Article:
I’m going to state the obvious: The list of things this disease prevents me from doing is a long one. So, when I have to rely on others, patience has become an imperative virtue.
If I need an itch scratched, I wait for someone to drop what they’re doing, and imagine just how satisfying it will feel when said itch gets scratched. If hair blows in my face, I hope that the wind will blow it back, but if not, I wait for someone to help. And if I see a bug crawling — actually, never mind. Any ounce of patience I have developed over my 27 years of living immediately flies out the window when any sort of insect invades my personal space.
I’ve always said that I rarely feel helpless because of SMA. However, on the rare occasion that I do, there’s a 75 percent chance it’s because there is a bug in my vicinity. When I spot one, and someone cannot get to me within half of a second, my thought process usually goes like this:
“OK, Alyssa. Try to lie as still as possible. Do not flinch. Do not make eye contact. Do not breathe. Wait, you should probably breathe before you create bigger issues. But, maybe if you don’t breathe, the bug will think you’re dead. Then, maybe it won’t bite you. HELLLLP!!!”
A poisonous spider bit me when I was young. There was a giant lump on my right knee, and I had to go on medication so its venom wouldn’t kill me. Although I don’t remember when the spider actually bit me, I’m going to make my best Freud-inspired, educated guess and say this is from where my fear of bugs stems.
Several years later, my brother and I were cruising down the highway when I saw a giant spider behind the front seat. It was spotted and furry, and its fangs were big enough to elevate my heart rate. We couldn’t pull over. I tried my best to hold my composure so as not to cause an accident, but I begged him to take the next exit. He said no, the spider jumped, and that was the last I saw of the creepy crawler.
Or so I thought.
The following morning, the spider was resting on my shoulder when my brother discovered it. He flicked that bad boy off of me without a mark, and it was gone.
Or so I thought. Again.
I was sitting in my college history class sometime after that incident, letting my mind drift off during the monotony of the professor’s lecture when I caught sight of something moving out of the corner of my eye. I looked down. Before me were tiny baby spiders crawling all around my wheelchair. It seemed the spider had set up house in my wheelchair overnight, deciding that a giant chunk of metal would be an excellent place to lay her eggs, and selfishly disregarding my fear for spiders and the inconvenience of when they would hatch. How dare she!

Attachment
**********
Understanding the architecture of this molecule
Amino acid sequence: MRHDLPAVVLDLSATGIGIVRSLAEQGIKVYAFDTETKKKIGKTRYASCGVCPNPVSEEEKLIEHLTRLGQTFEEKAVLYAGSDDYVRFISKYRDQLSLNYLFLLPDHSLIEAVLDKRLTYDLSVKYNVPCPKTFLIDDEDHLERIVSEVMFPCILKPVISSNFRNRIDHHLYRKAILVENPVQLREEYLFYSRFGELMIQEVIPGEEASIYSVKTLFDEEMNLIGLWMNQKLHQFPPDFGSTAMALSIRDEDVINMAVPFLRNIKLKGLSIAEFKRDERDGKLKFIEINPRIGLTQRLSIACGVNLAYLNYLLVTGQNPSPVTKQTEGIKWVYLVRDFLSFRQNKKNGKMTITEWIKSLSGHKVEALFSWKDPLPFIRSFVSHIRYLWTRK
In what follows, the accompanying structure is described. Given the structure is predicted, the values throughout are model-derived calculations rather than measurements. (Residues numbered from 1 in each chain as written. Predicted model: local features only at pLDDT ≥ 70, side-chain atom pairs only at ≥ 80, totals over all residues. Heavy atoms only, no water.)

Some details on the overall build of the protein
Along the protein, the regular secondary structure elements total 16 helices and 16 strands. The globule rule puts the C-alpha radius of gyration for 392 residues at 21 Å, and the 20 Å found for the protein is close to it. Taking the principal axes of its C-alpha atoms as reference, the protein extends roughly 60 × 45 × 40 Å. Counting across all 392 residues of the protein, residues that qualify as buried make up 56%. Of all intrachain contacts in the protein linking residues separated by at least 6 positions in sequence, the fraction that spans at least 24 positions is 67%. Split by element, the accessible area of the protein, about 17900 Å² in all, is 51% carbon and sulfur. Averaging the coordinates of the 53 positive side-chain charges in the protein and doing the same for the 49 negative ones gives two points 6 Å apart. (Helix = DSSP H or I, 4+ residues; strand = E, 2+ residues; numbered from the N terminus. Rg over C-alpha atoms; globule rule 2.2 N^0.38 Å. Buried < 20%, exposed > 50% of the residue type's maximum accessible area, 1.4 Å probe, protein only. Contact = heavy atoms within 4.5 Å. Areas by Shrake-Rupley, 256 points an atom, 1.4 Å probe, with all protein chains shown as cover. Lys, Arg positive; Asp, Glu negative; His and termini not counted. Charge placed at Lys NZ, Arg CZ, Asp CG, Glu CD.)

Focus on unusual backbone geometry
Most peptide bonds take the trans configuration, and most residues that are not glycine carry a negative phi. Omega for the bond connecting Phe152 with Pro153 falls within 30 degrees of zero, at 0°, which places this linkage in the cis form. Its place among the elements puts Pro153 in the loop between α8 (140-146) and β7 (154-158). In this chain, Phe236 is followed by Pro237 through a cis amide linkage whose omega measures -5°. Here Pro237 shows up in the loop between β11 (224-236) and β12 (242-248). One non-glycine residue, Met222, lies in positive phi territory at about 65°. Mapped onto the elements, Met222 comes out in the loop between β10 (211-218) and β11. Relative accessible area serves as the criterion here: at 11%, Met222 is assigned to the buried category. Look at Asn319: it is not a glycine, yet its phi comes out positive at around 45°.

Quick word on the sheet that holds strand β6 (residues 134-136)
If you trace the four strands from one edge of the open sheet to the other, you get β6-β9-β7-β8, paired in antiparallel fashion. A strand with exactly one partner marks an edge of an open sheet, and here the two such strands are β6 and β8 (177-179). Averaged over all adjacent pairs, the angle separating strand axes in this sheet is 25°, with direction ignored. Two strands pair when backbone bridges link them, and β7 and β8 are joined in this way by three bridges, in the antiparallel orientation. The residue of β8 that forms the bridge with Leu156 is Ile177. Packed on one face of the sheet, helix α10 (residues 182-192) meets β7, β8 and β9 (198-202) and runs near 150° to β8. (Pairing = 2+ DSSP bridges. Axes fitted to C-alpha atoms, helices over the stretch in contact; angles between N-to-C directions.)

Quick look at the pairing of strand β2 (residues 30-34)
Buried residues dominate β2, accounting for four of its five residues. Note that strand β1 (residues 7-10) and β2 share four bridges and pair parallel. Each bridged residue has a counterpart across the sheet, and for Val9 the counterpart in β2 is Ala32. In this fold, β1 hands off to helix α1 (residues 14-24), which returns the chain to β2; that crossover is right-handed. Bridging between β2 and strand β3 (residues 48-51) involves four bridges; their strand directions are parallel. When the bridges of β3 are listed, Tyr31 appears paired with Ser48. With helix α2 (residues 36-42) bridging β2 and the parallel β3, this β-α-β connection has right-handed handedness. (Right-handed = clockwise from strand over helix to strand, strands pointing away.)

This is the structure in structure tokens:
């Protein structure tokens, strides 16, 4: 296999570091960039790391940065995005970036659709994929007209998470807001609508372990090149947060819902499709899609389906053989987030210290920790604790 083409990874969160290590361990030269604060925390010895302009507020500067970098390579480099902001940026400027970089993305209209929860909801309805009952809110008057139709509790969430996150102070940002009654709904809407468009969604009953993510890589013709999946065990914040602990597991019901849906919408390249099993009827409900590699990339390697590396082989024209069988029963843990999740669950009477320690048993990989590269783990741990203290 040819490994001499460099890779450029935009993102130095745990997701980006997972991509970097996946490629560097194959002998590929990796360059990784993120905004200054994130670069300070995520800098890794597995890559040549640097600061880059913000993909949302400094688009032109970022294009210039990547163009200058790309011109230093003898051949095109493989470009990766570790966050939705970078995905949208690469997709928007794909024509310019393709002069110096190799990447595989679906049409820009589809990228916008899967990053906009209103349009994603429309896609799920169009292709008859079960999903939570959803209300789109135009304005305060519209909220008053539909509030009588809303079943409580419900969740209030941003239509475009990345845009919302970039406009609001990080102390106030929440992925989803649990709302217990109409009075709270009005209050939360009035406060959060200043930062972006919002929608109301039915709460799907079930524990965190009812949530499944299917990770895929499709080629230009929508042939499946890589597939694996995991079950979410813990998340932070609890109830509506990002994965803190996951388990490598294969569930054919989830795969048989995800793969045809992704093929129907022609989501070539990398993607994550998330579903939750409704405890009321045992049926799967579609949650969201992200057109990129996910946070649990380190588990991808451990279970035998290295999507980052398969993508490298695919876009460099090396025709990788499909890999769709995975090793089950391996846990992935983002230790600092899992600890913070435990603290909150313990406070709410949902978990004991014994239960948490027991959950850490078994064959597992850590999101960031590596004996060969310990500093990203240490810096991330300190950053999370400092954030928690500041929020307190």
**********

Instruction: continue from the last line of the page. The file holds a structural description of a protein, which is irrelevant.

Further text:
To date, that incident is probably one of my most vivid college memories. It is also just one of the many stories about spiders I have to share.
Don’t even get me started on bees.
All jokes aside, however, I think it’s important to share these stories because people often forget “the little things.” They see a bug; they squash it. Or, they swat it. They scream, and they jump, but they forget that they are fortunate enough to be able to defend themselves. They scratch their itch and pull their hair back, but they forget that others don’t have that luxury.
They forget the magnitude of what it feels like to always rely on others.
Note: SMA News Today is strictly a news and information website about the disease. It does not provide medical advice, diagnosis, or treatment. This content is not intended to be a substitute for professional medical advice, diagnosis, or treatment. Always seek the advice of your physician or other qualified health provider with any questions you may have regarding a medical condition. Never disregard professional medical advice or delay in seeking it because of something you have read on this website. The opinions expressed in this column are not those of SMA News Today, or its parent company, BioNews Services, and are intended to spark discussion about issues pertaining to spinal muscular atrophy.